YEARS OF EXPERIENCE have taught Uri how to confuse and undermine debunkers long before they get a chance to attack. He begins his presentation by notifying the audience that he has been called everything in the bookóa fraud, a trickster, a professional magician, even an extraterres-trial. He graciously thanks the skeptics and debunkers for their assistance in promoting him as a celebrity. He says up front that he is a showman and an entertainer. He presents himself as a religious person who believes in God.
He goes on to deny that he has any desire to be a guru, assuring the audience that they too can bend metal psychically and perform all the wonders that he will demon-strate on the show. It is against this image and against Uriís rapport with the audience that debunkers must struggle, and itís not a pretty sight.
On "Twin Cities Live," Uri told viewers to yell "Work! Work! Work!" at broken appliances and watches; several called in reporting their success. Backstage, before the show, the host had drawn a picture of a "smiley face" and put it in his pocket. Geller had not seen it, yet was able to reproduce the picture with an accuracy that would be very hard to achieve from memory, let alone telepathically. If Uri is sneaking glances by using small reflecting devices, he is able to remember the images with striking accuracy in spite of the distortions caused by angles and surfaces. In fact, Uriís drawing was "millimetrically accurate," matching exactly the diameter of the original. These problems with the sup-posed surreptitious viewing of the drawing were conveniently neglected by one of the skeptics present, who attempted to demonstrate that Uri did it with a reflecting pen. He was so insistent about this that he had to be calmed by the host, who gave unmistakable signs that his intelligence was being insulted.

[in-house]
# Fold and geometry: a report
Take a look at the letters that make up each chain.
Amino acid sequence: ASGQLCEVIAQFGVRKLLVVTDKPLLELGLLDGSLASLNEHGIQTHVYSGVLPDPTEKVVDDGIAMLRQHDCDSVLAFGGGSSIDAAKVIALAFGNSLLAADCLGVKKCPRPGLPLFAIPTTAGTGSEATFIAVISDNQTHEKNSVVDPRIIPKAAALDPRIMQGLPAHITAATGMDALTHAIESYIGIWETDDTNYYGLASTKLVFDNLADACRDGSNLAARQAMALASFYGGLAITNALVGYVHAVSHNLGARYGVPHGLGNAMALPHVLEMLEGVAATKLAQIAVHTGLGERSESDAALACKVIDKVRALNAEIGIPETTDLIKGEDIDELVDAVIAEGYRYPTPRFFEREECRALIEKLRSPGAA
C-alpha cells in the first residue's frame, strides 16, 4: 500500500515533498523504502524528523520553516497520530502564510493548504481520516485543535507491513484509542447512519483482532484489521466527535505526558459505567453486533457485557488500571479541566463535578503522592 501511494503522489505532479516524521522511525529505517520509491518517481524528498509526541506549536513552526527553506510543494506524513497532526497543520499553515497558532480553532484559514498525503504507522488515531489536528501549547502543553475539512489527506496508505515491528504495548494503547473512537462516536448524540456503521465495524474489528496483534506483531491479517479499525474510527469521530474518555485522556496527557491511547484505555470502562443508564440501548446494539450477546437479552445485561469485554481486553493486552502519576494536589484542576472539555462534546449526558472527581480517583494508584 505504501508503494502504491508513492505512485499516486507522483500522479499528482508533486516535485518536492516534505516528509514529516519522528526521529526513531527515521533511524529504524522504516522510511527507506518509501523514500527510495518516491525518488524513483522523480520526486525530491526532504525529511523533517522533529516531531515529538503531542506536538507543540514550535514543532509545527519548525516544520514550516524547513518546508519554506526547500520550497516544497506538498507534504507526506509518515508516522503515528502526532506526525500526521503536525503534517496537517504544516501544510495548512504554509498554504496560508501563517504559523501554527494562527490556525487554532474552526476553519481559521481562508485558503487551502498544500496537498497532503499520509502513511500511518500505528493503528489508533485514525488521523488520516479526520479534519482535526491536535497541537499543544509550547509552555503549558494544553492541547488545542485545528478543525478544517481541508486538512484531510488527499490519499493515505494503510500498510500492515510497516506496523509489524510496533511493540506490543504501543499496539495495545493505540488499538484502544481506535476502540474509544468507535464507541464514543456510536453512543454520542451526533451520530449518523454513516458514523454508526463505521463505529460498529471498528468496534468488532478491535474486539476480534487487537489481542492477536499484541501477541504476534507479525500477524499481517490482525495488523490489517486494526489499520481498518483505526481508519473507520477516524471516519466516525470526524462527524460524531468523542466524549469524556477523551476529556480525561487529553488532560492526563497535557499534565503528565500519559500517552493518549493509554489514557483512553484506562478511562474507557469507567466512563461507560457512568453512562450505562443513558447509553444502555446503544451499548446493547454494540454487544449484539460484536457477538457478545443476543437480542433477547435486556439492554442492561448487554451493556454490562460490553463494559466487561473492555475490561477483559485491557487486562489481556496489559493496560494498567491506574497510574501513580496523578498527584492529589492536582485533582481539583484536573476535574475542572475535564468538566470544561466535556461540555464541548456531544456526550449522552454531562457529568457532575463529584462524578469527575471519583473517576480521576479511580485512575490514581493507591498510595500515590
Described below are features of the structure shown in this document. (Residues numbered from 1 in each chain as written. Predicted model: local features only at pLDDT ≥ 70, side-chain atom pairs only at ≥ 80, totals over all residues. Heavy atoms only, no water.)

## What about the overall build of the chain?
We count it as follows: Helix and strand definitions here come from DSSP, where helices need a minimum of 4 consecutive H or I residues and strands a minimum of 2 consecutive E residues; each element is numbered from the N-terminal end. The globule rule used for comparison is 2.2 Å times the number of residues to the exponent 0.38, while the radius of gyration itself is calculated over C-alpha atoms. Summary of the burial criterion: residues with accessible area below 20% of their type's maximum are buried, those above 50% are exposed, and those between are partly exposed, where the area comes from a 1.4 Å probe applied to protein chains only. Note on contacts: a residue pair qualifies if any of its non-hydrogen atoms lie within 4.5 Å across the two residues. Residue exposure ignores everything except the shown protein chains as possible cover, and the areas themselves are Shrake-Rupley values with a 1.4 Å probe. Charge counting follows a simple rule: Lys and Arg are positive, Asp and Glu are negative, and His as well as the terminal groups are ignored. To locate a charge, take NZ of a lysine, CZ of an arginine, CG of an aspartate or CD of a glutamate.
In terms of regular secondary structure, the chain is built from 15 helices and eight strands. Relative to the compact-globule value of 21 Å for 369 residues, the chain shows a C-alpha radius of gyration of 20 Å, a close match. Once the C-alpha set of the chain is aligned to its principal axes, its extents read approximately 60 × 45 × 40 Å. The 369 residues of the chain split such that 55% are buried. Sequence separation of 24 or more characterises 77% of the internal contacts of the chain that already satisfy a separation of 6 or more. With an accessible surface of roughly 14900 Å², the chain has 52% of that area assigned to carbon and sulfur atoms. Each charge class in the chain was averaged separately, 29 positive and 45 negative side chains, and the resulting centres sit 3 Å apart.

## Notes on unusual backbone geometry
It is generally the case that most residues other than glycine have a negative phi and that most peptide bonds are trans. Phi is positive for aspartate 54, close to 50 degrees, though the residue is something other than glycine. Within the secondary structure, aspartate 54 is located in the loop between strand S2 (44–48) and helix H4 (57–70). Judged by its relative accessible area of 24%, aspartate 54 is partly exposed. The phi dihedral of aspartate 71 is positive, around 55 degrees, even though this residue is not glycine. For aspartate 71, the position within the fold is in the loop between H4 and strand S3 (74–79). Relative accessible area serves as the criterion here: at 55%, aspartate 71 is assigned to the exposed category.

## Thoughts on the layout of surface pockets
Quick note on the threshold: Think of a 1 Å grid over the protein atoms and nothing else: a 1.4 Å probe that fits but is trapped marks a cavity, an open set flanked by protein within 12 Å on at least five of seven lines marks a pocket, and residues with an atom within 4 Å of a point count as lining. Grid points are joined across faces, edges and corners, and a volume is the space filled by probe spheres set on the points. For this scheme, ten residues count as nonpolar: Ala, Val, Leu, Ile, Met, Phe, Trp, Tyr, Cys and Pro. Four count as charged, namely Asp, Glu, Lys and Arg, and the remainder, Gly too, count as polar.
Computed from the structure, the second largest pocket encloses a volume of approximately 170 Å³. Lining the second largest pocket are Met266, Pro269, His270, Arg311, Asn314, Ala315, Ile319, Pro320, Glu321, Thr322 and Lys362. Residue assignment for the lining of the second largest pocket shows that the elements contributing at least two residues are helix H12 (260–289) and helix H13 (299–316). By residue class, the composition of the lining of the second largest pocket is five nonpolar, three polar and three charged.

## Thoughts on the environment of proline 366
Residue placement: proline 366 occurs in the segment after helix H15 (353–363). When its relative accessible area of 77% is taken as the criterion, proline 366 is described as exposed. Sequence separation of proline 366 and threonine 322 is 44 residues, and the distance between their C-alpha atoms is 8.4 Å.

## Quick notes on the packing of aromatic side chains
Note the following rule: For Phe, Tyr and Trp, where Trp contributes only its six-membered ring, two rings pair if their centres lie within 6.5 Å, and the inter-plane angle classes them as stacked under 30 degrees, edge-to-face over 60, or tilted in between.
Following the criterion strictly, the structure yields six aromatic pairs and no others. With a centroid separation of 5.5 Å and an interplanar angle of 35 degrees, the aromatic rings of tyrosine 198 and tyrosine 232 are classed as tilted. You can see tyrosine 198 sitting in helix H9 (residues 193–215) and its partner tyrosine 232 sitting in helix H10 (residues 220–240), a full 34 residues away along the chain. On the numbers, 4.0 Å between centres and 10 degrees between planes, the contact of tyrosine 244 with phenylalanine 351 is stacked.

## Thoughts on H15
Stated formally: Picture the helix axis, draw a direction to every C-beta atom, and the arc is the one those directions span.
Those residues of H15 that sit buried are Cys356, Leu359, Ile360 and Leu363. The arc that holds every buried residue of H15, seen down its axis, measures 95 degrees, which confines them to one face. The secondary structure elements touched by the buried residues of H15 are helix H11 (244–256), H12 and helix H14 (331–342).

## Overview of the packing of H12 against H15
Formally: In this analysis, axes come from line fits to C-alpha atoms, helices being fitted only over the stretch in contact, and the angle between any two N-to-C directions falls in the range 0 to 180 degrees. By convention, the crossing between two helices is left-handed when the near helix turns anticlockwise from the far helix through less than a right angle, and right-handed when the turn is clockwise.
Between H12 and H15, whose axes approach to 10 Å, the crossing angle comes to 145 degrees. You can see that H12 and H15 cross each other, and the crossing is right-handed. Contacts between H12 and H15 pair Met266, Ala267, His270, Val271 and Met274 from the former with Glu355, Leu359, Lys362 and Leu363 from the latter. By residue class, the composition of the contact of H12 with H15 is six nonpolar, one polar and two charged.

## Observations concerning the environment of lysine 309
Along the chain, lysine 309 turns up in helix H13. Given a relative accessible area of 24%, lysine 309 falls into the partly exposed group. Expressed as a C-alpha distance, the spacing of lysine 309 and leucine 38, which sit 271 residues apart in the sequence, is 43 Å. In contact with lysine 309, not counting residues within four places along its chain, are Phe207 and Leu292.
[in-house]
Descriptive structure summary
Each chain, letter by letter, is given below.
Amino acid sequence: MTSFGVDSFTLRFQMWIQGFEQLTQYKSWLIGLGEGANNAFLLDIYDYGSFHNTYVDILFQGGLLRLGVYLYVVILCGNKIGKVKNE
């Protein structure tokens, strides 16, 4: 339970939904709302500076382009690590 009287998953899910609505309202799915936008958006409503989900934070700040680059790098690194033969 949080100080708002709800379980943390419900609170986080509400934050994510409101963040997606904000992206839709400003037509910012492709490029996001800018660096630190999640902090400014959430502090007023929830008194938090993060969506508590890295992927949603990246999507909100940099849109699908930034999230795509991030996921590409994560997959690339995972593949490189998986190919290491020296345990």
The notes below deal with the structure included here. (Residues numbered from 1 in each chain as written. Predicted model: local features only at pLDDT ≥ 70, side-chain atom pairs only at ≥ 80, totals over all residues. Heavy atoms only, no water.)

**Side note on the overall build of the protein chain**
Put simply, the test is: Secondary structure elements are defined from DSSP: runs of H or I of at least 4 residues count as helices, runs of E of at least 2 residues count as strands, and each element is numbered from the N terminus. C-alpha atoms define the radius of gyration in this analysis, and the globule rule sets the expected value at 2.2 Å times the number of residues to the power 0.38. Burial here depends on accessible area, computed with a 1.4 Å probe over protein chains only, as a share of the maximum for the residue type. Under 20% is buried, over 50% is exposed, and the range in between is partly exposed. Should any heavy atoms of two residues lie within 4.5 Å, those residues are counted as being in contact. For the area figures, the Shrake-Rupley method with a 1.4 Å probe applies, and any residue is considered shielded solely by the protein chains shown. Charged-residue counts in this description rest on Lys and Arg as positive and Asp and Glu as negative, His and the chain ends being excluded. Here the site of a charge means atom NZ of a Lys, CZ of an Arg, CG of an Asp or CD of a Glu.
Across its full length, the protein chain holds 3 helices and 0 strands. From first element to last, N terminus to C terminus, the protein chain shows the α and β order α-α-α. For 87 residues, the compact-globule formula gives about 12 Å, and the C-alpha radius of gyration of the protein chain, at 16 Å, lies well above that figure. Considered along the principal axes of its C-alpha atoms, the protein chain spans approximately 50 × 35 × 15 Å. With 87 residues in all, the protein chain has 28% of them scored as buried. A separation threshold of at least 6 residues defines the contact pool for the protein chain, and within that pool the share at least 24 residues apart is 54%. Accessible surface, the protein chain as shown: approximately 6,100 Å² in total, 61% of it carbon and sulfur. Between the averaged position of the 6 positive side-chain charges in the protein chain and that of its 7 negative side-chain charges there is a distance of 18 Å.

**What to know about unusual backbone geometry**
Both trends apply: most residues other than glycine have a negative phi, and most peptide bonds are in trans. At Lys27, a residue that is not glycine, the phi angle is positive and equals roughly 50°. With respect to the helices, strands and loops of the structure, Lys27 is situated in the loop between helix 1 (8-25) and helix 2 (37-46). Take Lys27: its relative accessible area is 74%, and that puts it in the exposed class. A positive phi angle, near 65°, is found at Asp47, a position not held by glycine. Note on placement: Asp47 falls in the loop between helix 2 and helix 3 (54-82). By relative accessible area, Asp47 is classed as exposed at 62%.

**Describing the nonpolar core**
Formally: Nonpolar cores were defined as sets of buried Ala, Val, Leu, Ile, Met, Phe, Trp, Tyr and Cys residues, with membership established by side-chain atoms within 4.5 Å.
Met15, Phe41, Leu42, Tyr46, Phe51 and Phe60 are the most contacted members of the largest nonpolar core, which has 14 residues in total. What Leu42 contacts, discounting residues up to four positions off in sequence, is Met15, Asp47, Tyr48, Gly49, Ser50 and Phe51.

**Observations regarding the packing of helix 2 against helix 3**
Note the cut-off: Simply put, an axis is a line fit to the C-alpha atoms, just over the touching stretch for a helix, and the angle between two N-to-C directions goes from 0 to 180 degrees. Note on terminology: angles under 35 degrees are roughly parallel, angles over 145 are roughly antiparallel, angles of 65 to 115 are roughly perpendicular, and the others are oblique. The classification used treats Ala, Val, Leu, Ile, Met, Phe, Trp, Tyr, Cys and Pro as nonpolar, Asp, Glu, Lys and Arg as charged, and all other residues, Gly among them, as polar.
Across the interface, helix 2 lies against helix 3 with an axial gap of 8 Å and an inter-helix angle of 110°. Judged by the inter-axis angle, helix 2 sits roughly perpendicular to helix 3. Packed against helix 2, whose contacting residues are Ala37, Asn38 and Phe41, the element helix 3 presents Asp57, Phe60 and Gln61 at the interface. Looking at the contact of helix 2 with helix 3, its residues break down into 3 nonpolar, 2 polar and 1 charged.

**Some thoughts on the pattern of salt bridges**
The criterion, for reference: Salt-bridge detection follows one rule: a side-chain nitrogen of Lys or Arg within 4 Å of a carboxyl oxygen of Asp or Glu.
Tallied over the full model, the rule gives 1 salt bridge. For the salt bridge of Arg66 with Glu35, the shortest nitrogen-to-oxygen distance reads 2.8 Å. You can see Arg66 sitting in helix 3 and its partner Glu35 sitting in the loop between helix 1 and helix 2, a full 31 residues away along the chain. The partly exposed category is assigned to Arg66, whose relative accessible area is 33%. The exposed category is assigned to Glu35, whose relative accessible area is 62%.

URI ALSO did a demonstration with an old watch he was given by a member of the audience. He shouted, "Work!" at it, but nothing happened. He was about to give up whenóon cameraóthe hands of the watch began to spin wildly. Very effective. Uri did not neglect to mention that merely handling a watch can cause such things to happen, but if the movement of the hands was due to normal factors, Uri was very lucky indeed. He also tried turning a magnetic compass psychokinetically, asking the audience to add their own psychic efforts. The needle of the compass turned about one degree.
In addition to suggesting that the behavior of "psychically repaired" objects might have a normal explanation, Uri also understated his extraordinary talents for dowsing. His efforts, described in The Geller Effect, have earned him most of his $40 million. He says, however, that he "fails more often than he succeeds," that he really seems to be narrowing the range of the search more often than pointing directly to a location.